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Why I nearly resigned

Mark Steyn says he is disgusted by what he sees as The Spectator's ill-judged and idle defence of the UN

26 April 2003

12:00 AM

26 April 2003

12:00 AM

New Hampshire

The UN should be appointed overseer of the peace not because that organisation possesses planning skills which America does not, but because to shut it out will cause resentment in the Arab world. However irritating are many of the do-gooders among its ranks, the UN has the advantage of being seen as an antidote to alleged Western imperialism.

After reading those words in The Spectator’s leading article of 12 April, I hurled the magazine across the room and typed up my letter of resignation. A nervous dependant pointed out it might be wiser to line up alternative employment first. It quickly emerged that no other British publication would have me, and the only alternative employment was casual construction work. So let me try to explain instead why the heart sinks at finding a paragraph like that in what purports to be a conservative magazine.

The short answer is the official Russian response to the suggestion that UN sanctions should now be lifted, so that Iraqis can sell their oil and start rebuilding their country. ‘This decision cannot be automatic,’ says the Russian foreign minister with a straight face. ‘For the Security Council to take this decision, we need to be certain whether Iraq has weapons of mass destruction or not.’

Got that? Last month, the Russians were opposed to war on the grounds that there was no proof Iraq had weapons of mass destruction. This month, the Russians are opposed to lifting sanctions on the grounds that there’s no proof Iraq doesn’t have weapons of mass destruction.

There are a few striped-pants masochists in the State Department who enjoy this sort of thing and have spent the last four weeks pining for M. Chirac to walk all over them in steel-tipped stilettos one more time. But most Americans, given a choice between being locked in Security Council negotiations with the Russians, French and Germans or being fed feet-first into one of Saddam’s industrial shredders, would find it a tough call.

In the week before The Spectator’s demand that Kofi and co. be put back in the limelight, I’d devoted this space to suggesting why the UN was not the answer for postwar Iraq. While one is not so foolish as to believe the scales will be falling from Dominique de Villepin’s eyes, one hopes one’s argument might as least circulate as far as the magazine’s editors. After all, that was also the column in which I opined on the progress of the war. ‘We’re still on Cakewalk Time,’ I wrote. ‘If Baghdad falls within the next seven to ten days, that’s a quickstep cakewalk.’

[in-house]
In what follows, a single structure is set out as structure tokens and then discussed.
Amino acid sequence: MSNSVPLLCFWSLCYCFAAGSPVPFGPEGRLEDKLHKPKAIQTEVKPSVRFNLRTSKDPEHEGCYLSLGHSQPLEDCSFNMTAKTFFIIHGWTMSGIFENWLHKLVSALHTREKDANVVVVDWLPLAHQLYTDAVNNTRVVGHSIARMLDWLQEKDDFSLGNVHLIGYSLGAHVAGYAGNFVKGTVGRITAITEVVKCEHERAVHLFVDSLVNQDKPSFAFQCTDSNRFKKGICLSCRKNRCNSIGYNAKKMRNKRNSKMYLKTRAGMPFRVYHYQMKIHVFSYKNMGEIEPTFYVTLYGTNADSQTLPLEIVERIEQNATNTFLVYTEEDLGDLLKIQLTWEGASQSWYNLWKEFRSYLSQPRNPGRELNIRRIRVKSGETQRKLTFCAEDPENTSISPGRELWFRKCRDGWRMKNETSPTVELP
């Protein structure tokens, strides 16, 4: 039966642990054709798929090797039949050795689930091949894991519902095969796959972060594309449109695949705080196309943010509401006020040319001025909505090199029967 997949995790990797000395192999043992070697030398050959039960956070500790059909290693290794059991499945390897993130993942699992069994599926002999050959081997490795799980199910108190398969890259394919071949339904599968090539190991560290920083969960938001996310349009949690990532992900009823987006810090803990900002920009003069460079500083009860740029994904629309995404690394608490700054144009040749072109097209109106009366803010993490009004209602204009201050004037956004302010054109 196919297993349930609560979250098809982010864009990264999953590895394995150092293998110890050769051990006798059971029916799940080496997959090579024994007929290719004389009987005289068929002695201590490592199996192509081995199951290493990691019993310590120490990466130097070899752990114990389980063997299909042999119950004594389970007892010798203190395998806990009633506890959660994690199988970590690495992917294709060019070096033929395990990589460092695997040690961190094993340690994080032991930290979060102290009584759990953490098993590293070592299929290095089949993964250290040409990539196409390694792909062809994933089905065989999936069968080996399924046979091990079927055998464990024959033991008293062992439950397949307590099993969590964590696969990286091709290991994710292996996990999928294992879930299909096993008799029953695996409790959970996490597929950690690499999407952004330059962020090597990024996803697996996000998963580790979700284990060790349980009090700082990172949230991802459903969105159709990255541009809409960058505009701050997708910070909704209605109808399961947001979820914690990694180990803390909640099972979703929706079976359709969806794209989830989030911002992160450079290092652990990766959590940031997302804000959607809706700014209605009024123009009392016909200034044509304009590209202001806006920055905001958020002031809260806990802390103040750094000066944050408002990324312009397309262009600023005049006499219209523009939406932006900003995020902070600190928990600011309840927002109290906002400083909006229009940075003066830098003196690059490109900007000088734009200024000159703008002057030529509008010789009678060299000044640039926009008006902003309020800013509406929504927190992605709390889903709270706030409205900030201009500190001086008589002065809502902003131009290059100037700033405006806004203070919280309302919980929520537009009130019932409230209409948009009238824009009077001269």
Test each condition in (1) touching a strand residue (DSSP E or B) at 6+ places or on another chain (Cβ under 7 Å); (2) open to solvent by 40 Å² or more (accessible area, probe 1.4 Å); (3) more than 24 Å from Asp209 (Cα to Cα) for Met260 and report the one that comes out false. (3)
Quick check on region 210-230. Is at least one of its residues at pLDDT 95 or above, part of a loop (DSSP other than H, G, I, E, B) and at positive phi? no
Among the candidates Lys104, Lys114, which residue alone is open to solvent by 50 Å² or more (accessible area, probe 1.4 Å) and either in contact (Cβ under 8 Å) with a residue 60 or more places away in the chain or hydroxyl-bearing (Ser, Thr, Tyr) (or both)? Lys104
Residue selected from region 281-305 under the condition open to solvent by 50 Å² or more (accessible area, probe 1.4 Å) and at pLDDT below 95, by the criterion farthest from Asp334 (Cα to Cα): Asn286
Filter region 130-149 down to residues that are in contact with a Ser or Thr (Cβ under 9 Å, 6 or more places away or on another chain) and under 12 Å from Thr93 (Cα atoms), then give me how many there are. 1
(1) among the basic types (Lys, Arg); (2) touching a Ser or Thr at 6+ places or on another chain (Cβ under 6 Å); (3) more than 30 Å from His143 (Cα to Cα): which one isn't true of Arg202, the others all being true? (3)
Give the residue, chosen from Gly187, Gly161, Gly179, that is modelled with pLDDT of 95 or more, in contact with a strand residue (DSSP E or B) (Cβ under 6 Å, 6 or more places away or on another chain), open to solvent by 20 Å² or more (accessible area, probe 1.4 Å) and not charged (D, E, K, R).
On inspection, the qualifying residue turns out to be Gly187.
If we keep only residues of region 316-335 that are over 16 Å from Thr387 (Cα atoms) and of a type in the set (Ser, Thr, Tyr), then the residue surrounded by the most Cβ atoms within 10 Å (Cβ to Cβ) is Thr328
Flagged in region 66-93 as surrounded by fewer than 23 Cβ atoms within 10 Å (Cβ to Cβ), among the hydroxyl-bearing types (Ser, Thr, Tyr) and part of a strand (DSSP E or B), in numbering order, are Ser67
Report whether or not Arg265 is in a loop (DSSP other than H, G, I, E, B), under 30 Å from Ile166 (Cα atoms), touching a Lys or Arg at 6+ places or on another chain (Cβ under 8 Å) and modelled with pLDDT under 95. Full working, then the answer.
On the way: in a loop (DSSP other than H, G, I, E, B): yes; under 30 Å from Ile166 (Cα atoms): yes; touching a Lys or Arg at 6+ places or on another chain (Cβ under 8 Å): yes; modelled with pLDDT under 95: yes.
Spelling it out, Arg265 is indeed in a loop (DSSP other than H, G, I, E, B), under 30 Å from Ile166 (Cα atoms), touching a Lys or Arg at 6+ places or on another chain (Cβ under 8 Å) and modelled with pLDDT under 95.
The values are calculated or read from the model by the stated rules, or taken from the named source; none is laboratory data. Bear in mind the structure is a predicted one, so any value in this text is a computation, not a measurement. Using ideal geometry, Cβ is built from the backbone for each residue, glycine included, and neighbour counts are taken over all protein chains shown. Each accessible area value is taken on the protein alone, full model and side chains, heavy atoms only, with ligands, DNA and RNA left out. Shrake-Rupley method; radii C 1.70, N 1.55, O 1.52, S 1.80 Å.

Well, I was wrong. It was six days. But that still put me ahead of that issue’s leader (‘Now that coalition forces are digging in around Baghdad waiting for reinforcements…’), not to mention Julian Manyon (‘We now know that The Plan – General Franks’s plan, as Donald Rumsfeld has effortlessly started calling it – was based on a number of arrogant assumptions. It completely disregarded a key lesson of modern history – that invasions ignite nationalism, and that even the worst of tyrants may be preferred by many of his people to occupation by a foreign army…. Meanwhile, Saddam appears to be plotting an Arab Stalingrad’). In an issue brimming with an unintentional hilarity not seen since Alexander Chancellor’s Falklands coverage, I was happy to do my bit to help maintain a few shreds of The Spectator’s reputation.


A thank-you note and a box of chocolates would have been nice; a large raise and comprehensive medical coverage would have been better. But at the very least, instead of rushing on to their UN bromides, The Spec’s editors might have thought, ‘Hmm. Steyn was right on the war; maybe he’s right on the postwar, too.’